Jeff Jarrett, when he made his celebrated return to the Fed in the wake of the Montreal Screwjob, seemed positioned for main event status.  But instead, his character was mishandled (remember his "Aztec Warrior" phase?), and he wound up as a tag team wrestler for much of the next two years.  Just when he'd found his heel niche, and could have conceivably moved up the card from his spot as IC Champ, he defected back to WCW.
    And then because of the suddenness with which they departed WCW, the most celebrated acquisition may have been the Radicalz.  Four for the price of one!  Chris Benoit was clearly the jewel of the group, but at the time of the defection, everybody was certain that Perry Saturn was the #2 most valuable (everybody except, if I may brag, me, who correctly prophesied that Eddie Guerrero would be the bigger star).  Well, Benoit may have been on track for greatness last year, but was sidetracked by a serious neck injury.  Eddie is a superlative role-player who has been sidelined by both injury and personal problems.  Both are now poised to move up the card, but "potential" isn't the category that we're grading on here.  [Dean Malenko, it should be noted, is a valuable part of the backstage WWE crew... only Perry Saturn has yet to really find a niche out of these four.]
    But Chris Jericho has been undeniably a major part of the WWF(e) over the past three years, moreso than ever in the last 12 months since returning to his heel roots.  Even when "toiling on the midcard," Jericho remains over with the fans.  It's that ability to entertain -- no doubt coupled with the fact that Jericho has been lucky to avoid any serious injuries -- that put him in position to be crowned the first ever "Undisputed Champion," a title that he held for four months until losing it in the main event at WrestleMania.  In fact, Jericho is the only WCW acquisition from the Monday Night War Era to headline a WrestleMania in a one-on-one match.  That alone says a lot.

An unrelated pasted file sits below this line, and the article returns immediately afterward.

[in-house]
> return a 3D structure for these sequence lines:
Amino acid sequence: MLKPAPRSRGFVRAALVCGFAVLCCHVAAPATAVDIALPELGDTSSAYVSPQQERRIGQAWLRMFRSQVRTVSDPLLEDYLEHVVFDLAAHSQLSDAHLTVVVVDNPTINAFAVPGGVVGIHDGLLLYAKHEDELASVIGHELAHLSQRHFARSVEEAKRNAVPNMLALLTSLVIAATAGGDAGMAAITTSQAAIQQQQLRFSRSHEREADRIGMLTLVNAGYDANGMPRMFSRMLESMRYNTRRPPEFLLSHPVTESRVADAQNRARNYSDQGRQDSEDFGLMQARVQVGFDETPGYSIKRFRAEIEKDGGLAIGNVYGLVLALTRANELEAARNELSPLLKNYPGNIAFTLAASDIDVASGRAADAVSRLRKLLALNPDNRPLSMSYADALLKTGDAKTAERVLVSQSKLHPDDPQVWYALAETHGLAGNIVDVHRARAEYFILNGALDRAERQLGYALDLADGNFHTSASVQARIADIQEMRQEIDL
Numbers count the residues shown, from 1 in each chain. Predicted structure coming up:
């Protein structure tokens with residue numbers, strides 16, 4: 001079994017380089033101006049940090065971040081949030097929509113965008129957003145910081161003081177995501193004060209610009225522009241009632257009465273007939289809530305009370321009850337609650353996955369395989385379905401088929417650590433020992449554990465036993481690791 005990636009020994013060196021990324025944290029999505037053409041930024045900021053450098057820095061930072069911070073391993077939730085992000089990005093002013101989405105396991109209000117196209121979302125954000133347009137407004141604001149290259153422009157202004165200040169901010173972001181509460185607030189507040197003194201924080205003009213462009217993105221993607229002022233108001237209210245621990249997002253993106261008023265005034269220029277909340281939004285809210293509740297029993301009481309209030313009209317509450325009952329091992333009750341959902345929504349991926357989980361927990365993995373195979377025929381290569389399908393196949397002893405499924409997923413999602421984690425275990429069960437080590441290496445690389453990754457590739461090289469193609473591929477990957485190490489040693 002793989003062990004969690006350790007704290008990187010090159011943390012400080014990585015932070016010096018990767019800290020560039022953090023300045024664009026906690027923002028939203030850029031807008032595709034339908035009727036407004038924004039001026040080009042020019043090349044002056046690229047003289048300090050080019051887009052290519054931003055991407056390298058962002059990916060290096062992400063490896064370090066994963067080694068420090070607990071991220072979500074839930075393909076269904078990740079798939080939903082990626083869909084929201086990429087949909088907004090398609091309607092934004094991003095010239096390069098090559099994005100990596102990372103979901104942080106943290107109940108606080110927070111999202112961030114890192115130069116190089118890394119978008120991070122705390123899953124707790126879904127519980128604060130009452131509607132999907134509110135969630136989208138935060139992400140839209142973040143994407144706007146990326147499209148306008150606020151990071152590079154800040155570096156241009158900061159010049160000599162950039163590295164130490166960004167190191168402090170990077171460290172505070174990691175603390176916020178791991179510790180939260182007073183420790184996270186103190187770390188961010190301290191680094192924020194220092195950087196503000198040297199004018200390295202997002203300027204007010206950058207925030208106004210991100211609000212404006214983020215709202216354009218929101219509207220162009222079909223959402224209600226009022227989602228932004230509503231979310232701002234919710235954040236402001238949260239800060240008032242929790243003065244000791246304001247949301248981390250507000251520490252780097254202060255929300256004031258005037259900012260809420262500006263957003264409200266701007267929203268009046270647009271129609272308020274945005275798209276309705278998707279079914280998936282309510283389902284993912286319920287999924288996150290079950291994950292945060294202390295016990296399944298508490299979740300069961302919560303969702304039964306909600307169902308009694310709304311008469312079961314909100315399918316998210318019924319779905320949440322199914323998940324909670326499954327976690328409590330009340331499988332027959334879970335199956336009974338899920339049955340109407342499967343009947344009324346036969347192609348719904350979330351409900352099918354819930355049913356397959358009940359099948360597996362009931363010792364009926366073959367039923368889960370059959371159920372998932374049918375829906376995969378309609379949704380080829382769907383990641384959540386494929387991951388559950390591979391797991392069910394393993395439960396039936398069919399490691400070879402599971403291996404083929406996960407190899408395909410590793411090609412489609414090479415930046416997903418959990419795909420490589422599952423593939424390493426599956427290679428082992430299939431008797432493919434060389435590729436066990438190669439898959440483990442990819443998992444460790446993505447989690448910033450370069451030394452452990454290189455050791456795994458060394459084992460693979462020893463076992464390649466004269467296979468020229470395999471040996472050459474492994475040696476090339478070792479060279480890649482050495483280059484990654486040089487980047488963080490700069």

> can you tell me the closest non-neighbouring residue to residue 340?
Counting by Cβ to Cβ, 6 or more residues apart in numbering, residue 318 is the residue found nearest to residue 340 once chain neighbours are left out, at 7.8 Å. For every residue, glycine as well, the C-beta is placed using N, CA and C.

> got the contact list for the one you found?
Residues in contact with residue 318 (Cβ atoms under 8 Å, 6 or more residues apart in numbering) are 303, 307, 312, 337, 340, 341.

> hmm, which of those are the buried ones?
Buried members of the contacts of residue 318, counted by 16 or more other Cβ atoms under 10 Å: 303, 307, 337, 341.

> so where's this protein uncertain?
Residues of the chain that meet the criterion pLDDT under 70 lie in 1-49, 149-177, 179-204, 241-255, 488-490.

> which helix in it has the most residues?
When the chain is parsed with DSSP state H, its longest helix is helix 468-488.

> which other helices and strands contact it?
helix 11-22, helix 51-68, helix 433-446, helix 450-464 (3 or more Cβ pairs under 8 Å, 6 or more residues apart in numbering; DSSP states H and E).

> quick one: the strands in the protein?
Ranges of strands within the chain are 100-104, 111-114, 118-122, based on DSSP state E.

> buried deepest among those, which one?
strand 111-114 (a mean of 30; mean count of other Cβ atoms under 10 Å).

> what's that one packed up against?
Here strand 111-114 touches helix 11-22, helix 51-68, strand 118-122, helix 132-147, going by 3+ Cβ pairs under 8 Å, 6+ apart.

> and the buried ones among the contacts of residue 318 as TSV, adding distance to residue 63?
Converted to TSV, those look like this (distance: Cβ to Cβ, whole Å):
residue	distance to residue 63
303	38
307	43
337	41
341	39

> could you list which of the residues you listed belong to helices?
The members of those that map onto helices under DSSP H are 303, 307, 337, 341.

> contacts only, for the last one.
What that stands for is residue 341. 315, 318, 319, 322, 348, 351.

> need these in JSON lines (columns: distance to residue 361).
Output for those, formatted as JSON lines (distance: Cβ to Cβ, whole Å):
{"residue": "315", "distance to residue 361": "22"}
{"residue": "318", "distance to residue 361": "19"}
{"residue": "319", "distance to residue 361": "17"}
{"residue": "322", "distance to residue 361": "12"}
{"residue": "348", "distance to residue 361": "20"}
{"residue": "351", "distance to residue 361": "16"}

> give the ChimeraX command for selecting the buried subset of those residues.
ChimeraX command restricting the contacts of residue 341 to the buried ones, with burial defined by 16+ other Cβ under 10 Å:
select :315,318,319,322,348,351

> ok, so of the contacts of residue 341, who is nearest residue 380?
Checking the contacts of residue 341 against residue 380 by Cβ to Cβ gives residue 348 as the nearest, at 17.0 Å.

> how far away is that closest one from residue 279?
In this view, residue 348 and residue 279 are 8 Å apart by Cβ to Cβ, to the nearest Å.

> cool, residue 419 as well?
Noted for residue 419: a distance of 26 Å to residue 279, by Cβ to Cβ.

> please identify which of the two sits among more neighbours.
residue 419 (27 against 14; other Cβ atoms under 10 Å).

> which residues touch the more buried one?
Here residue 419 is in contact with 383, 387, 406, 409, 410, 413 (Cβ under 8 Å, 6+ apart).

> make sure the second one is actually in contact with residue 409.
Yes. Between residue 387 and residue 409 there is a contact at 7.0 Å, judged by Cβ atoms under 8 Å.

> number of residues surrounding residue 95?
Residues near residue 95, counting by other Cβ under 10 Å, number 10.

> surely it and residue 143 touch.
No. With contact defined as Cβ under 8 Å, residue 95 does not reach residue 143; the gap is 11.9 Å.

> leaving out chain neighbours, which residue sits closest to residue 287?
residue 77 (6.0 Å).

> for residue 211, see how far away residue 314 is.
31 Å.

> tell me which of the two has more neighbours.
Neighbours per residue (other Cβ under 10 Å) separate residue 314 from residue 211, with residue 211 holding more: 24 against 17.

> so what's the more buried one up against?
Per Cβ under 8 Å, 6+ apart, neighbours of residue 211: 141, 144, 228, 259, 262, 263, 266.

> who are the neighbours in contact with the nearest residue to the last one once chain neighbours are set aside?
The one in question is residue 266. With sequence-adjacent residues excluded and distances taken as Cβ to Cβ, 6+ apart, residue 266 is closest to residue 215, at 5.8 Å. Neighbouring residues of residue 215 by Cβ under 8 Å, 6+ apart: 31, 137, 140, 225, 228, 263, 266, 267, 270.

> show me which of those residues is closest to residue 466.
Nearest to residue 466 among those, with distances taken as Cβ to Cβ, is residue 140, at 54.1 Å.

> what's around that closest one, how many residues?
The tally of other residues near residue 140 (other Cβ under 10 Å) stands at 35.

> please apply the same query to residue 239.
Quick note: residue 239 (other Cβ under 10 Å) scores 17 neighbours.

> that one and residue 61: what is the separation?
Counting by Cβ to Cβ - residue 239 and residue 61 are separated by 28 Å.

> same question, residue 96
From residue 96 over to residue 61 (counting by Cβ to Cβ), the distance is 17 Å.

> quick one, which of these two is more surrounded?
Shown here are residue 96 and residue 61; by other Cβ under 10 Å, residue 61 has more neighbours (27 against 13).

WWF(e) has long built its roster by taking the stars of other promotions and turning them into Superstars.  The 80's Hogan Era was facilitated by raiding the AWA (where Hogan himself came from to lend his name to an era), mid-south, and Georgia territories.  Once wrestling had gone national in scope, Vince McMahon was able to identify key performers in Ted Turner's WCW and bring them into the fold in the early 90's (before Nitro became a reality and there was a genuine perception of serious competition)... in the pre-War era, you'd probably peg the signing of one Jean-Paul Levesque (now Triple H) as one of Vince's biggest coups.  Now in the Monopoly Era, WCW (and ECW) seem to have, by default, supplied another crop of talent to Vince's WWF(e); the two names that stand out as likeliest to succeed from this group are Booker T and Rob Van Dam.
    So alongside these "Most Valuable WWF(e) Acquisitions" from each other era, I think it's a no-brainer to call Jericho the most valuable from the Monday Night War Era.  Always entertaining, increasingly key to WWE storylines, and of course, the only man able to call himself the FIRST Undisputed Champ...  that's Chris Jericho for you.
    Congrats on a great first three years in the Fed to Y2J... and since he's recently re-signed with WWE, I'm sure we can look forward to many happy returns, too.
  • That's all for today.  Enjoy the weekend, and I'll see you folks again on Monday with RAW preview and other news.


Rick Scaia is a wrestling fan from Dayton, OH.  He's been doing this since 1995, but enjoyed it best when the suckers from SportsLine were actually PAYING him to be a fan.